As it stands the result will be a wave of bankruptcies and foreclosures that leave everyone — those who owe, those who are owed, and third parties — worse off.  Or renegotiations, in bankruptcy or out, that take time, lawyers and money to complete, and may not succeed.  Or mass bailouts that benefit existing interests — and benefit them more the better off they already are — at the expense of less well off later-born generations and the future of the United States.

I propose a fourth option.  Allowing the government to, in effect, suspend contracts en masse for people and organizations that have lost their income due to government-mandated shutdowns during a pandemic.  The contracts would remain in place, but would be frozen.  No money would be owed during the shutdown or for a month thereafter, and the contracts would be extended for that length of time.   It would be as if the time of the shutdown and the month after had not occurred.  Financial asset holders would, in effect, be forced to provide zero interest loans during the shutdown.  Frankly, right now that’s a pretty good rate of return compared with the alternatives.  The problem with this proposal is that it is unconstitutional.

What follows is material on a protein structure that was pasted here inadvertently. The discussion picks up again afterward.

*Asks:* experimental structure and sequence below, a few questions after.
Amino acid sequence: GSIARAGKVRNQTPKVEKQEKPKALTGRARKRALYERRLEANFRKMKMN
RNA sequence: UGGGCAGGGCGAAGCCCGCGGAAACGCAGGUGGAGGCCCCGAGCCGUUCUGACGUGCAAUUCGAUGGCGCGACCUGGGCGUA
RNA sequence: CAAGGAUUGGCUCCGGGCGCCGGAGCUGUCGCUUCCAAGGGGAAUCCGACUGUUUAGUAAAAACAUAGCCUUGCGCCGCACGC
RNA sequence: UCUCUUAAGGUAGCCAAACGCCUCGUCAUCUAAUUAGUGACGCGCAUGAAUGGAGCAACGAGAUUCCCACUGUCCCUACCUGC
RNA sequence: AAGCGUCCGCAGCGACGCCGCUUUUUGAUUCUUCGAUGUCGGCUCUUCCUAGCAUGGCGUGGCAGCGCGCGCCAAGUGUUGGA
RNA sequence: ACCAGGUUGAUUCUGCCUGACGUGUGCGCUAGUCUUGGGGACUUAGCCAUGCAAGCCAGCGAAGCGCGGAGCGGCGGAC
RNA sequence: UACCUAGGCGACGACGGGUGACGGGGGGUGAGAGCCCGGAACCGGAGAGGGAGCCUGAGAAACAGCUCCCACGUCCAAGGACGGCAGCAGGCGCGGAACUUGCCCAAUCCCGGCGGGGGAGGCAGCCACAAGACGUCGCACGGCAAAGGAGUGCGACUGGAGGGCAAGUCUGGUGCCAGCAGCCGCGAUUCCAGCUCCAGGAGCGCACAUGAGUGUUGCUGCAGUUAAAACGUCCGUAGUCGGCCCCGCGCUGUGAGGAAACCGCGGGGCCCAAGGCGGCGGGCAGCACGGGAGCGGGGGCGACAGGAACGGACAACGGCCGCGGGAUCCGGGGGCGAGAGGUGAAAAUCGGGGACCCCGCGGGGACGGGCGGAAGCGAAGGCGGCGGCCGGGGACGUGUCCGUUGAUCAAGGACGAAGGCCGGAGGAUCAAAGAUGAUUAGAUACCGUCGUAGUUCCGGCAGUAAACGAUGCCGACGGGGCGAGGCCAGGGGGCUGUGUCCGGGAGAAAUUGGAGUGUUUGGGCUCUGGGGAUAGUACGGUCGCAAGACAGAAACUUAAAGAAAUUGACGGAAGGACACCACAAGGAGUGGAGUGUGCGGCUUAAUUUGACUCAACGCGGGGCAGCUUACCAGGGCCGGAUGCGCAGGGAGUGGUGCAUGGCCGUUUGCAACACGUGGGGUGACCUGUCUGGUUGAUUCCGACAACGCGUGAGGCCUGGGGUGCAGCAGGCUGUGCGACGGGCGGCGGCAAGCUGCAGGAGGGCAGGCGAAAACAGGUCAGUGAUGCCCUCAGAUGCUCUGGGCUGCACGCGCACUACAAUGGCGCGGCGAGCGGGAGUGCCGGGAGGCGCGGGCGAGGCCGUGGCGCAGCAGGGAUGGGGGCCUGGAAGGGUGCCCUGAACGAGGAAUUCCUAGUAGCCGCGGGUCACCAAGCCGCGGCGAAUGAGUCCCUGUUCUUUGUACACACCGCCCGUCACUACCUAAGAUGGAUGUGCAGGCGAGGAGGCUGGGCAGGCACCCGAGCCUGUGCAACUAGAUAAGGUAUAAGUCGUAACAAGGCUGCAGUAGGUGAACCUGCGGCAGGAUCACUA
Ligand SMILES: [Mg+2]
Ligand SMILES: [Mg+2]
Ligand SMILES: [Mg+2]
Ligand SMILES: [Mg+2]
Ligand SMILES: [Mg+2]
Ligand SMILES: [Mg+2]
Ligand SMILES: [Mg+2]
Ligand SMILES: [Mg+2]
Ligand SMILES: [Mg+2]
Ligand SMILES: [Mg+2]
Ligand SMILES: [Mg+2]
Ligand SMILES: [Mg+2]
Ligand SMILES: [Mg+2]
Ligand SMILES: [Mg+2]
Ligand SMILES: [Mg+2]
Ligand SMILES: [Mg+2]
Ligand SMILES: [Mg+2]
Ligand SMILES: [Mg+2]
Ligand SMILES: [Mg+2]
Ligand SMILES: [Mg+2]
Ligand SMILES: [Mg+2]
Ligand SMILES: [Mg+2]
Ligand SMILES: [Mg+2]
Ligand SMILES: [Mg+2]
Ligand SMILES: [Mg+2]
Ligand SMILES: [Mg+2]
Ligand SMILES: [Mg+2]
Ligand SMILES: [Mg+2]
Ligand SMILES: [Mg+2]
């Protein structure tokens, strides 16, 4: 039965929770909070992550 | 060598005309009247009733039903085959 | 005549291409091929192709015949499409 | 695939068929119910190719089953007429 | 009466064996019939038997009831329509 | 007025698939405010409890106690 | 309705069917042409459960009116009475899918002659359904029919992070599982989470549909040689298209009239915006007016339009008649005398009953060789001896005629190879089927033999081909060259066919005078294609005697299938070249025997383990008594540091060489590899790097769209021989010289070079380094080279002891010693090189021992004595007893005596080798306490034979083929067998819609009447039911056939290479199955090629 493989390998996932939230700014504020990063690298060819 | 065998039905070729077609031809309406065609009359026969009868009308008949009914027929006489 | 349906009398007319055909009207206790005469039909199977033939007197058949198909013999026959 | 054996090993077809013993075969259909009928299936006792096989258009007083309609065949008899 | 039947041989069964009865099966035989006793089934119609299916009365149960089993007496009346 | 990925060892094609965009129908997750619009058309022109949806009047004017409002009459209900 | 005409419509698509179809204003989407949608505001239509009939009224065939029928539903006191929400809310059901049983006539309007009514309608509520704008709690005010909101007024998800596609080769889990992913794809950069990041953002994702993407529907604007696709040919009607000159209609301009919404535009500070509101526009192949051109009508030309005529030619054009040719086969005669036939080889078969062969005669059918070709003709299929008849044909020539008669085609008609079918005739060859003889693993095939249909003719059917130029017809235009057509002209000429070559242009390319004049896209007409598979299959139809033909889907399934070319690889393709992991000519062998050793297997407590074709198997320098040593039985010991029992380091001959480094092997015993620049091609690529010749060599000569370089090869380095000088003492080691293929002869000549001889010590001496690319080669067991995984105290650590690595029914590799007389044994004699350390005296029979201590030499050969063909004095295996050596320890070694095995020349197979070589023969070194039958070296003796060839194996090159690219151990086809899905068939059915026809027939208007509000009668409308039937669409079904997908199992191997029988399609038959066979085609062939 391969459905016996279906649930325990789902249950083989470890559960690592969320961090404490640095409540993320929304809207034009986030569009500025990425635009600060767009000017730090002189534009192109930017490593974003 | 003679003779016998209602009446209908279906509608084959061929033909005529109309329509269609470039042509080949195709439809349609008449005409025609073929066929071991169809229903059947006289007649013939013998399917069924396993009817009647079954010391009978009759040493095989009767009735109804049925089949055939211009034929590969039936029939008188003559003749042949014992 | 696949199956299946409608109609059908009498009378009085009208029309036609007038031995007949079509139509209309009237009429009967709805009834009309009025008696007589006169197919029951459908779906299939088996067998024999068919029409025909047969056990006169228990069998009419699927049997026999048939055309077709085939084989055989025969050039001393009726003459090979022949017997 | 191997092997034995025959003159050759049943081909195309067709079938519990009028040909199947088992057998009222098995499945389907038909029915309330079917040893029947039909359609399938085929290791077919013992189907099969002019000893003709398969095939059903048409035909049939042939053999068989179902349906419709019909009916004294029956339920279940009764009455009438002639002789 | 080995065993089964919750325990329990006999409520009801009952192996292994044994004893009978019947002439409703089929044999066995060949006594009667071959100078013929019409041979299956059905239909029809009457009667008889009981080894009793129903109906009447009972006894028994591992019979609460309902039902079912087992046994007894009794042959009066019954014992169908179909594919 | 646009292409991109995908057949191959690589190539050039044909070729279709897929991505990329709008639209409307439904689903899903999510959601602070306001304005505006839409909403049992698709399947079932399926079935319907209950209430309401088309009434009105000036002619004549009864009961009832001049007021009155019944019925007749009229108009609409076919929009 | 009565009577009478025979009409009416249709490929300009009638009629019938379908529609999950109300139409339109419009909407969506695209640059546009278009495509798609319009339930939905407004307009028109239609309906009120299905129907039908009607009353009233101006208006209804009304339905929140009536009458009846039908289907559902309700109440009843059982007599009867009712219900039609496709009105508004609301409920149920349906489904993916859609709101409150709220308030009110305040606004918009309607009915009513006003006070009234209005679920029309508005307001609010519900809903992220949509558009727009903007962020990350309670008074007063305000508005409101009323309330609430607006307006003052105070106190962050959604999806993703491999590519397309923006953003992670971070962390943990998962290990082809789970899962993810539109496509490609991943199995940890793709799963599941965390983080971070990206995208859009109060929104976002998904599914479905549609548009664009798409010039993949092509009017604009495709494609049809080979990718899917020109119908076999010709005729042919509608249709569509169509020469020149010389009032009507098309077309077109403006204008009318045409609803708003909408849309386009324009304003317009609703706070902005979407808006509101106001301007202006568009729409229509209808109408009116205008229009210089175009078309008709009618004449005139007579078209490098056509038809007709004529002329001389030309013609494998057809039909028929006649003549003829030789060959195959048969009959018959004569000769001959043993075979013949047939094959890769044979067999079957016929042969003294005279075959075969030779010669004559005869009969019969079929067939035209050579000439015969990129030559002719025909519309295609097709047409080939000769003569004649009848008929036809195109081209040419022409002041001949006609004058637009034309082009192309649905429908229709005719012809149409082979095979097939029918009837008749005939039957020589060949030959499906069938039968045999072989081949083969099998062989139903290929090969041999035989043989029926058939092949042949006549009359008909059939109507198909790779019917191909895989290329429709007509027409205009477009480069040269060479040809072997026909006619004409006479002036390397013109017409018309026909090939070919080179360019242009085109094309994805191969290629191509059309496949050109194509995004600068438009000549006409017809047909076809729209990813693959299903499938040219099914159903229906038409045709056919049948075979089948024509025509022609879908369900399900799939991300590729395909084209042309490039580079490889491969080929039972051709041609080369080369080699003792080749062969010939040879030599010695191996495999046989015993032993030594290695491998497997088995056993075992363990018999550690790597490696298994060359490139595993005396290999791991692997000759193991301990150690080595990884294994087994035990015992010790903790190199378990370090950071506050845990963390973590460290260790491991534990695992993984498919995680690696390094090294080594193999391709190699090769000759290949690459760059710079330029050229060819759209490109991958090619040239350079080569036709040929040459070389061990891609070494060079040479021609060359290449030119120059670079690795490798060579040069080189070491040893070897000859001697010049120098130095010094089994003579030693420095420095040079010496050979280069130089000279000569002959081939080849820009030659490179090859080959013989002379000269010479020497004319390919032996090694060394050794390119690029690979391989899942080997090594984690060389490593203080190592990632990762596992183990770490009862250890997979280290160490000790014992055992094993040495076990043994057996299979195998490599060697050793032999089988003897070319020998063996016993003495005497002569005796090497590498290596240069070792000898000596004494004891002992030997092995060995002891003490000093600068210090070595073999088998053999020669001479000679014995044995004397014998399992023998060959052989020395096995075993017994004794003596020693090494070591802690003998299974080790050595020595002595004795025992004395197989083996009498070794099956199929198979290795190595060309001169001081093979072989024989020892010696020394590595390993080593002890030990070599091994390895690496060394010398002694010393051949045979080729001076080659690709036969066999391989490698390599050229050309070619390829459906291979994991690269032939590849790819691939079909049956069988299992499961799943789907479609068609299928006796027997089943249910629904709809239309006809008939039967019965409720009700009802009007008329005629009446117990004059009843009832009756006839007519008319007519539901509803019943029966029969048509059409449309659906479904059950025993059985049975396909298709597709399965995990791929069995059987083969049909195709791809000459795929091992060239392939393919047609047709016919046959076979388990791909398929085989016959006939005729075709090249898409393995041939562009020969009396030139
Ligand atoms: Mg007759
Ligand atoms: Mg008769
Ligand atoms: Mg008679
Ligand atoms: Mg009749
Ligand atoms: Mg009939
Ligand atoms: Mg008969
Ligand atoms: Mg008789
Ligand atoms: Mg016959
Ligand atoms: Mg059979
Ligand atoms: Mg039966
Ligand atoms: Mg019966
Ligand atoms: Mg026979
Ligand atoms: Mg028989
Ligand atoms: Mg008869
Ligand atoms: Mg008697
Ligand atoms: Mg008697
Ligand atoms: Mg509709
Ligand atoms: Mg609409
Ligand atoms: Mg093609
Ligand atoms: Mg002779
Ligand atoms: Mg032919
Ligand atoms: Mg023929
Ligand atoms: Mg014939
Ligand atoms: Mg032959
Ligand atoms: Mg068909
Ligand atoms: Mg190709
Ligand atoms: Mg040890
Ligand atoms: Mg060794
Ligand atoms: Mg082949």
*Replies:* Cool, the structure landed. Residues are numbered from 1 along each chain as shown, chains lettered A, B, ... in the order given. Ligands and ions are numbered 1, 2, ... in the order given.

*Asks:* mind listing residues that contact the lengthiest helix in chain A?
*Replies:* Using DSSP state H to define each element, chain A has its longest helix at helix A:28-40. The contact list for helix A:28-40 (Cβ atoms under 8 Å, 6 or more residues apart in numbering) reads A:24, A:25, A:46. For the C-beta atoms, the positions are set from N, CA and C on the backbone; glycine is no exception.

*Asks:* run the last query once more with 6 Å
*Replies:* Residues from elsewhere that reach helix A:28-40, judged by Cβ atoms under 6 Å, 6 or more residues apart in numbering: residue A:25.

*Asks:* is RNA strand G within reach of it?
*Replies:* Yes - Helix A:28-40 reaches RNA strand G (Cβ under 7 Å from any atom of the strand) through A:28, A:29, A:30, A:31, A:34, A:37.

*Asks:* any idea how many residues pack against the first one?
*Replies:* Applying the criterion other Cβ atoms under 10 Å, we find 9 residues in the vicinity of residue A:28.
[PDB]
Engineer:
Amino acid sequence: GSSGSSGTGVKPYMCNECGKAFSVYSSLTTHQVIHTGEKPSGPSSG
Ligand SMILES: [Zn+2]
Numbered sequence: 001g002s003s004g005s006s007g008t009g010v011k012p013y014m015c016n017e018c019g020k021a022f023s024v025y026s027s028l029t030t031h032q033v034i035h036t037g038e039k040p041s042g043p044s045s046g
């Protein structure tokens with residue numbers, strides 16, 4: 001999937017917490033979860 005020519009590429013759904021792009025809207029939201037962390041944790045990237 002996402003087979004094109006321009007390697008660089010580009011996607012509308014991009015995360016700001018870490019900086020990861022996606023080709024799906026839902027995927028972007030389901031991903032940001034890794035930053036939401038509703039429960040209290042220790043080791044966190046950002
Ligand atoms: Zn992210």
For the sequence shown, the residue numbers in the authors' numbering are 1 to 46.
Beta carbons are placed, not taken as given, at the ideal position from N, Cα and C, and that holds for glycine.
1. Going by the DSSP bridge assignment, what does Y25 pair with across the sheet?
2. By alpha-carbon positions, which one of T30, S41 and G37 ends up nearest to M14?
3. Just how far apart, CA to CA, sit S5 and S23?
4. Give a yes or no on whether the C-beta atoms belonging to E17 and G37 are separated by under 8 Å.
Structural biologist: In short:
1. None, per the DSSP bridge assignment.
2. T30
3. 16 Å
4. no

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Imported Oil: American Gutlessness Means Perpetual Slavery

Did you hear about the United States finally becoming energy independent again thanks to our great President Donald Trump, the guy who has essentially declared war on mass transit and alternative energy?  Actually, he didn’t just promise energy independence. He promised energy “dominance.”

Here’s how Energy Secretary Rick Perry explained energy dominance to the White House press corps on Tuesday: “An energy dominant America means self-reliant. It means a secure nation, free from the geopolitical turmoil of other nations who seek to use energy as an economic weapon.”  “An energy dominant America will export to markets around the world, increasing our global leadership and our influence.”

You might have missed it, but the Saudis didn’t.  So OPEC has done it again. Jacked up production and sold below cost so the price of oil and gasoline plunge to $20 per barrel. They can count on the neediness, whining and shortsightedness of the generation that is still in control of the United States, the Baby Boomers, and the gutlessness of U.S. politicians, to stand aside yet again as the domestic fossil fuel industry, alternative energy companies, and conservation are wiped out and replaced by cheap foreign oil. And then, when our dependence and vulnerability have been fully re-established, OPEC will again slash production and jack up the price of oil to $100 a barrel, causing another recession and another avalanche of U.S. dollars out of the country.  As they did in 1973, and 1981, and 1990, and 2008, and 2011-14.   Ah, but that’s the future, and we can’t think about that now!  What about my need for cheap gasoline!  I want for me now, and now, and now, and again now!

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Annual Average CES Employment Data for 2019: Before the Coronavirus New York Had A Growing Budget Crisis Despite A Massive Boom